‘Buhari Tried Negotiating With Boko Haram For Release Of Chibok Girls But...

‘Buhari Tried Negotiating With Boko Haram For Release Of Chibok Girls But Failed’

By Associate Editor | The Trent on October 2, 2016
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Dapchi, School, Abduction, Yobe, Missing, Parents
A picture taken on June 29, 2015 in Abuja shows spokesman of the ruling All Progressives Congress and Ministerial nominee Lai Mohammed. | AFP/Pius Utomi Ekpei/Getty Images

The Muhammadu Buhari-led government has said that its goals and those of the Bring Back Our Girls movement are the same, which is to secure the safe return of the over 200 Chibok schoolgirls who were kidnapped in April 2014 by Boko Haram.

Lai Mohammed, the country’s minister of information and culture made this assertion on a special programme to mark Nigeria’s 56th independence anniversary on Channels Television on Saturday, October 1, 2016. The minister reiterated the government’s commitment to bring back the schoolgirls who were abducted from their school dormitory in Chibok.

”I want the Bring Back Our Girls to understand that this government appreciates what they are doing,” Lai Mohammed said, according to a press statement signed by Segun Adeyemi, a media aide to the information minister.

“We are all batting on the same side and we are as concerned as they are and we are well ready to work with
you.

“Clearly we need a closer working relationship so that there will be no communication gap. Clearly, I do not see the objective of the BBOG group as different from ours.”

Mr. Mohammed appeared on the TV show with a former World Bank vice president and a co-founder of BBOG movement,  Dr. Oby Ezekwesili.

While reiterating the president’s statement that there will be no closure to the Boko Haram issue until the Chibok girls are released and returned safely to their families, he noted that apart from the parents of the girls, no other individual or group has a higher stake in the release of the girls than the Federal Government.

The information minister said there is no contradiction between the fact that Boko Haram has been defeated and the fact that the girls remain in captivity.

“There shall be no closure on the Boko Haram issue until and when the Chibok girls are released and returned to the safety of their families. I think that does not contradict what Mr. President has said that we have defeated Boko,” the minister said.

“Of course anybody who is familiar with the philosophy of insurgency will understand that it is not the regular kind of war where you sign an armistice and the guns become silent forever, but rather it is a kind of guerrilla war.

”But what Mr President said, which cannot be contradicted, is that as of May 29, 2015, when he took over, we had a chunk of our territory in the hands of Boko Haram. As at 2015, a part of the Northeast could not be accessed because of the activities of the terrorists, but the same cannot be said about the area today,” he said.

The minister said it is necessary to situate the Chibok saga within the proper context, noting that the girls have been in captivity for over 400 days before the Buhari Administration came into power, yet there have been attempts by the government to establish contact with Boko Haram to secure their release (but) the factionalization within the terror group made it difficult for the deal to go through.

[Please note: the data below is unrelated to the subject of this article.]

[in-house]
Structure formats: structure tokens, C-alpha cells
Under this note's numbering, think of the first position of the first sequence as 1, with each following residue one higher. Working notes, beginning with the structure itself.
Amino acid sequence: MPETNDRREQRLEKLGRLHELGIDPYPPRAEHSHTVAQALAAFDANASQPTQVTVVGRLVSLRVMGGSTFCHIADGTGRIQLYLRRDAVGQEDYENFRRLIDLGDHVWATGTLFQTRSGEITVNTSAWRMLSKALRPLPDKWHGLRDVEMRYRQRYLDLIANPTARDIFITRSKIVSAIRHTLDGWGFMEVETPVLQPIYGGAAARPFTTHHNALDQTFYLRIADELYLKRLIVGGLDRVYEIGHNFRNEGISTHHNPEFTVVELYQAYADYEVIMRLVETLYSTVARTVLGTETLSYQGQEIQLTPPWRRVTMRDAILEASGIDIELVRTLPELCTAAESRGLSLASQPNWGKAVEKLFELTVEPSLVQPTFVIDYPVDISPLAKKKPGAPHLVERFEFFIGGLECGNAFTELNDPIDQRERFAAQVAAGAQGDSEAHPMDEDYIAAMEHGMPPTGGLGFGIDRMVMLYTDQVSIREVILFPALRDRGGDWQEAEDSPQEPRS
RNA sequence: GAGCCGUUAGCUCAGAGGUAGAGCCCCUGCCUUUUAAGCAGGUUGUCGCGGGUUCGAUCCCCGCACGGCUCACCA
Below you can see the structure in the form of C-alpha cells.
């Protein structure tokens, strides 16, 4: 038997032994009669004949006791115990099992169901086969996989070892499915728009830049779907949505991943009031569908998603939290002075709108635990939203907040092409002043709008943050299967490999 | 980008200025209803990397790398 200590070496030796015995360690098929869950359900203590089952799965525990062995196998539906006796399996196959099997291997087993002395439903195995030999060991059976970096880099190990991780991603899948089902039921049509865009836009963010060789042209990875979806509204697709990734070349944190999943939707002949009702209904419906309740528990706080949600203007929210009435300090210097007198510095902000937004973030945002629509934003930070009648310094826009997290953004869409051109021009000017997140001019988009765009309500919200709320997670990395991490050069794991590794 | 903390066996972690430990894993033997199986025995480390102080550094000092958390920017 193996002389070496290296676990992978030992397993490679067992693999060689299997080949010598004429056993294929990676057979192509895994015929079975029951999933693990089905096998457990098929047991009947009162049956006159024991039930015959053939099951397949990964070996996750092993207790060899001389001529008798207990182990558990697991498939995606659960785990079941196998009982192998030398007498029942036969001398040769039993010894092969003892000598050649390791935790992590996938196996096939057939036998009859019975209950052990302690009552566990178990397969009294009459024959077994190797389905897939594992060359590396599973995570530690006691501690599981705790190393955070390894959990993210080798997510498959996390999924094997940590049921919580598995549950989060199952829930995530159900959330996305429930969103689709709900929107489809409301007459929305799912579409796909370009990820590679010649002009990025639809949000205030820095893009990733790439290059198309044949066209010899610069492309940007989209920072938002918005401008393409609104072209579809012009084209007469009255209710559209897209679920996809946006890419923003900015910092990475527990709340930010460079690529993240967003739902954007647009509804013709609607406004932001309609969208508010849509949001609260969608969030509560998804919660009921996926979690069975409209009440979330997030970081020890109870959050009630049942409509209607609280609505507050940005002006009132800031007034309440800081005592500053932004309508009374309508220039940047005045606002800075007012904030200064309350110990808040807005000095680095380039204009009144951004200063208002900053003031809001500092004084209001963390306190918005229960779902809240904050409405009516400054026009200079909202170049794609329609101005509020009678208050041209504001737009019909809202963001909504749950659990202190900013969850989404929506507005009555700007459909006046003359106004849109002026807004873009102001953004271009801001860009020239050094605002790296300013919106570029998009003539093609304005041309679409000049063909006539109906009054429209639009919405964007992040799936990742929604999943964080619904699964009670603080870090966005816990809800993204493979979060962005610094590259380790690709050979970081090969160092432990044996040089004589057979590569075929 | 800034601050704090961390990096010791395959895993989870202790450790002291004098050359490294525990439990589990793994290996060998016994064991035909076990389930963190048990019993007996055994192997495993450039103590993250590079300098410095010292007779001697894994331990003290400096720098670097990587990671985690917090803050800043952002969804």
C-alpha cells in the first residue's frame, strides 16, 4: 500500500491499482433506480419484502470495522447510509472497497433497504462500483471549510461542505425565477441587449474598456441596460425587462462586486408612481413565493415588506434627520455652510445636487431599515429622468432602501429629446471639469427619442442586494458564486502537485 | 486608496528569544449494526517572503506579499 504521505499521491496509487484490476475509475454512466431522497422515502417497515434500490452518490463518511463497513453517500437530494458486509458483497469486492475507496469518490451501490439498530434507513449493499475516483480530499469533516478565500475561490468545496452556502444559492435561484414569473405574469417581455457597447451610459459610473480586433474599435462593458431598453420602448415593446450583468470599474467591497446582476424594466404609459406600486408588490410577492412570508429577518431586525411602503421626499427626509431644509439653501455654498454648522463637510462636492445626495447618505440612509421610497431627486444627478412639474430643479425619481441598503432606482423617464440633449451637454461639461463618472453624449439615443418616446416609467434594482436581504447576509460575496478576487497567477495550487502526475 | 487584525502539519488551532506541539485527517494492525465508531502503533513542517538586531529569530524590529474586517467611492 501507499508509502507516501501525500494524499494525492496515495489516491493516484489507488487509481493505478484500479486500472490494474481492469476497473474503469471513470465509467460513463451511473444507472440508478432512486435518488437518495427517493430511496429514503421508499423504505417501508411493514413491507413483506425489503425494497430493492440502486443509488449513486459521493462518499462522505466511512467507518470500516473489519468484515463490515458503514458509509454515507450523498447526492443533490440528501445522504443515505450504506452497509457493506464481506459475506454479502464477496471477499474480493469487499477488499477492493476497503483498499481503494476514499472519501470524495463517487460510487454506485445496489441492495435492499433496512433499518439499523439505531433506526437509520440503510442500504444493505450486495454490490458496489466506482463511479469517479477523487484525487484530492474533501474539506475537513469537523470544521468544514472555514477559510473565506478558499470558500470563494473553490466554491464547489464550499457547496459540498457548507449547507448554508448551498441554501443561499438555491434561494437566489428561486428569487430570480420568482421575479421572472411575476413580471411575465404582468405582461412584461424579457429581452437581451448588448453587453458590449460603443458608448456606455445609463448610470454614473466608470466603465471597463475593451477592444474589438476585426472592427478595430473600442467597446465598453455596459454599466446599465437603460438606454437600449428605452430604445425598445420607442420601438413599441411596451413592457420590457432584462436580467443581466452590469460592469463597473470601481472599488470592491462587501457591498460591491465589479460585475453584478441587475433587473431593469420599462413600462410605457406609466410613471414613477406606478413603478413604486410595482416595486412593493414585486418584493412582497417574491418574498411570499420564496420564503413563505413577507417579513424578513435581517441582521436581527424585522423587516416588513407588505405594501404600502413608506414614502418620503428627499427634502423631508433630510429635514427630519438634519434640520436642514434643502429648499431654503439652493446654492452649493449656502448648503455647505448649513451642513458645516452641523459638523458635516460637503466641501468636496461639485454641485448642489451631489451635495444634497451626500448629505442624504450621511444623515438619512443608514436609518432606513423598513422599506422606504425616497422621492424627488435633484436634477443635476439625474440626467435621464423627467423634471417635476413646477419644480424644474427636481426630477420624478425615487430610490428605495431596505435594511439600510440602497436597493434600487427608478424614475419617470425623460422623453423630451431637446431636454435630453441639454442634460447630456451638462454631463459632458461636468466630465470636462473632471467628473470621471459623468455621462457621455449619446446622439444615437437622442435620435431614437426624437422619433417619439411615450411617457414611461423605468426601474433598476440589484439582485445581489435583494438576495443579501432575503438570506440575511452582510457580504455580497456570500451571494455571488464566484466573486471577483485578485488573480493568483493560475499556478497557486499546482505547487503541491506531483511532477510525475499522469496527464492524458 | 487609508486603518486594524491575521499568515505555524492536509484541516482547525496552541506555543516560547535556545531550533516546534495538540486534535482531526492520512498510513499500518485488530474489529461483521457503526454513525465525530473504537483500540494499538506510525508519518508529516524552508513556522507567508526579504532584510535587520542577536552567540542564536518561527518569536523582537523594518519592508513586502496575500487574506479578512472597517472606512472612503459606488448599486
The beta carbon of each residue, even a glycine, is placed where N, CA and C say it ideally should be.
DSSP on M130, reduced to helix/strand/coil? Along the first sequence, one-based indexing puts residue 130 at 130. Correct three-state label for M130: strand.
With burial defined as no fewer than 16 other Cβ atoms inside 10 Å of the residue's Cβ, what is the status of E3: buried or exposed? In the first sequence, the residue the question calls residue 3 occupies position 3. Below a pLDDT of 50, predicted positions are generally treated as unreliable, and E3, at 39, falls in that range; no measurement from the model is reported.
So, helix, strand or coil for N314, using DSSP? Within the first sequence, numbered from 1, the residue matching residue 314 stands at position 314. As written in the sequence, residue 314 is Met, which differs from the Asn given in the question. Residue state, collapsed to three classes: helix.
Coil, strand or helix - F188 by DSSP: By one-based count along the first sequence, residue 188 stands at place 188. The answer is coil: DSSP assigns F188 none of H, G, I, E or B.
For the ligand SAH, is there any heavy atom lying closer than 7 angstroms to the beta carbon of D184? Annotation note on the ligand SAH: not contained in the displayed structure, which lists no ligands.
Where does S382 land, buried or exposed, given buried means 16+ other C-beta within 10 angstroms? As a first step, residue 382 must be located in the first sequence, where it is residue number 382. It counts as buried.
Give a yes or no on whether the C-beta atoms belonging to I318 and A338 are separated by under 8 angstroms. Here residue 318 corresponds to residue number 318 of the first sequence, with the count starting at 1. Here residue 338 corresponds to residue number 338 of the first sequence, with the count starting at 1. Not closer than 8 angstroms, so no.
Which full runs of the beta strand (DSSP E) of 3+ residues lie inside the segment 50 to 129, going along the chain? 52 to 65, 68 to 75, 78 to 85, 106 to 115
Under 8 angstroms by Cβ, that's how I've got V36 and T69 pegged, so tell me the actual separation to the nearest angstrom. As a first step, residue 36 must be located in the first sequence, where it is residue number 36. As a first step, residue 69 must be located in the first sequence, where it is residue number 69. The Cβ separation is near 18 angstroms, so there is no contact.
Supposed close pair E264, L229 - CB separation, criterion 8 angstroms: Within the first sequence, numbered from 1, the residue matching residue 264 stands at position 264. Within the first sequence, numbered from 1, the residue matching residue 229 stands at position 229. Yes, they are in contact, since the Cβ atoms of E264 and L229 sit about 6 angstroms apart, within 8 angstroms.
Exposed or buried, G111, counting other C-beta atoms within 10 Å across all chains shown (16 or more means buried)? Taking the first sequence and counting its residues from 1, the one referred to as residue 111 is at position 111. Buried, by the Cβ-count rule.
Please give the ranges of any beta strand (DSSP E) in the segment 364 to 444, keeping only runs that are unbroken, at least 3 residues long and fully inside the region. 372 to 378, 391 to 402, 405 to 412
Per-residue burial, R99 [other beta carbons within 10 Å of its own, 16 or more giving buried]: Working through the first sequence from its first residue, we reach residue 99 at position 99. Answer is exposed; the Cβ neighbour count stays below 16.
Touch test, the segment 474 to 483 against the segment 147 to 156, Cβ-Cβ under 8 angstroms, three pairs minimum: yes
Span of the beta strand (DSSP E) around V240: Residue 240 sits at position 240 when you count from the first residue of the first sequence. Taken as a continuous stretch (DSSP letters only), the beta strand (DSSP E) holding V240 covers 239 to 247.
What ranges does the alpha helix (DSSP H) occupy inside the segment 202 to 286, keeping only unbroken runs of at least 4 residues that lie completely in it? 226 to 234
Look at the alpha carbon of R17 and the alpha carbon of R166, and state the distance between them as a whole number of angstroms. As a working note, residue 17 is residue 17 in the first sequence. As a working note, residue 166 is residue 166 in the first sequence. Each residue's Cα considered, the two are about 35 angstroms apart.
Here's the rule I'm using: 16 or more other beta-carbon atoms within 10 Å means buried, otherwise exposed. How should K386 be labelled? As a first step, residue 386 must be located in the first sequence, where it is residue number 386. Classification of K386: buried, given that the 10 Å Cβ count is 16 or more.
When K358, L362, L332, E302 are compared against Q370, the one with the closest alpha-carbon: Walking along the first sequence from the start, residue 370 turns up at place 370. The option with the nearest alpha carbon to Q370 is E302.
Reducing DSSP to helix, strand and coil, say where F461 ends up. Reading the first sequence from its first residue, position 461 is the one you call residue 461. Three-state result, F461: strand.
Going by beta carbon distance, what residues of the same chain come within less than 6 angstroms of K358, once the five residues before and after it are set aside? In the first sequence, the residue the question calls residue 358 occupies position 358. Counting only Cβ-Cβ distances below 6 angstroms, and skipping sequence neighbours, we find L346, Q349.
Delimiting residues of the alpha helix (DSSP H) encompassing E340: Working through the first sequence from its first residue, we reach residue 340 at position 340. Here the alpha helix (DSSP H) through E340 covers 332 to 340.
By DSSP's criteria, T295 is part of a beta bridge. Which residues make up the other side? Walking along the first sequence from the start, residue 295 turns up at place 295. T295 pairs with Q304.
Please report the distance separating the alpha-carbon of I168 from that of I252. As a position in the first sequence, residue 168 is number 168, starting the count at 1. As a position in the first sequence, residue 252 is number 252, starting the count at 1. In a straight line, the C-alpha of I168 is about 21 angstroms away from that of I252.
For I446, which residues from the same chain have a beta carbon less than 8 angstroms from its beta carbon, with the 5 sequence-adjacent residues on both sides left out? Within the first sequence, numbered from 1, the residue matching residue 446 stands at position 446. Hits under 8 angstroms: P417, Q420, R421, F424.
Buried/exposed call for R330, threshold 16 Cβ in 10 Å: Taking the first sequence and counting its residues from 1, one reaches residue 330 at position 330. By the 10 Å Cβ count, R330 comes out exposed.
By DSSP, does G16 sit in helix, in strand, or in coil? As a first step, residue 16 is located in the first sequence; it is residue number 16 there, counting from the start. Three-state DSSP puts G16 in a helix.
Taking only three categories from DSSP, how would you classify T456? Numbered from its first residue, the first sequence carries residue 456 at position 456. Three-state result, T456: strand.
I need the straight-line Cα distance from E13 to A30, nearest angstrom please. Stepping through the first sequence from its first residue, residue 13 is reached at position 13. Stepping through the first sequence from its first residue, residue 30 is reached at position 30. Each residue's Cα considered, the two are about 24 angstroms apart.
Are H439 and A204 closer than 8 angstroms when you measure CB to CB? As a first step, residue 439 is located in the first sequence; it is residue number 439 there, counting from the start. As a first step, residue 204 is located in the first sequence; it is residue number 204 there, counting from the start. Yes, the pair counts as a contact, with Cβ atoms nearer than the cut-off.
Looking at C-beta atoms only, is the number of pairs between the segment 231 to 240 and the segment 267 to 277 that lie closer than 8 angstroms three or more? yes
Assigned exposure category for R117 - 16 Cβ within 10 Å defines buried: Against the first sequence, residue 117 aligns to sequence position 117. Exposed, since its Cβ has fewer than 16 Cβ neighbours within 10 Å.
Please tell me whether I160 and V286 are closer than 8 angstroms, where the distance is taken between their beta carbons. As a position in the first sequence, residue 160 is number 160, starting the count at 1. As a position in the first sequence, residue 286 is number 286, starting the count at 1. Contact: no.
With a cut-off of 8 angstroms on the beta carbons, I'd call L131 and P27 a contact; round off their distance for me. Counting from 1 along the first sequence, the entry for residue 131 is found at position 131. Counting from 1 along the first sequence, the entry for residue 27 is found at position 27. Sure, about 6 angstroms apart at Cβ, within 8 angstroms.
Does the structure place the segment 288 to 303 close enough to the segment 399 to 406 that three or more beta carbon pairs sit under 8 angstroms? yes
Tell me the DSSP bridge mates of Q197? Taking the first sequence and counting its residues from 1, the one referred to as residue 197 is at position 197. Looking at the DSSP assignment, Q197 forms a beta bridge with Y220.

“I want us to put things in correct perspective. Yes, the issue of the kidnap or abduction of the Chibok girls is one that should affect everybody, it is not out of place for anyone to be emotional about it but at the same time we must be rational in our approach to the issue.

“Yes, today might be 901 days since the girls were abducted but it must also be understood that these girls were abducted 400 days before this government came to power, this must not be forgotten and by the time we came in, the trails had gone cold. The first 48 hours after any kidnapping constitute the most critical period.

“If you listen to my press conference some weeks ago with respect to the failed negotiations, it is clear that every occasion starting from the one in August 2015 where for 10 days we were at the appointed point where Boko Haram fighters were supposed to be exchanged with the Chibok girls, the factionalisation of Boko Haram played a key role in our inability to secure the release of the girls,” he said.

Mohammed said the fact that the president approved the deal to exchange even some Boko Haram armourers for the girls is the clearest indication yet of his unflinching commitment to securing their release.

He also said there is no contradiction between the president’s statement that there is so far no credible leadership of the Boko Haram to engage with and the fact that the government has tried three times to strike a deal for the release of their girls.

”Like I explained at that press conference, right from the time when we were approached that Boko Haram leadership wanted to exchange the girls for their people, Mr President was quite worried because they (Boko Haram) insisted that some of the terrorists who were actually the masterminds behind the bombings should be included on the list of those to be released. Despite that, the president accepted and the entire process was activated but for 10 days we were there and there was breakdown of communication and nothing was achieved. So that was what Mr President meant when he said ‘yes we are ready to negotiate but that we need a credible leadership to engage with’,” the minister said.

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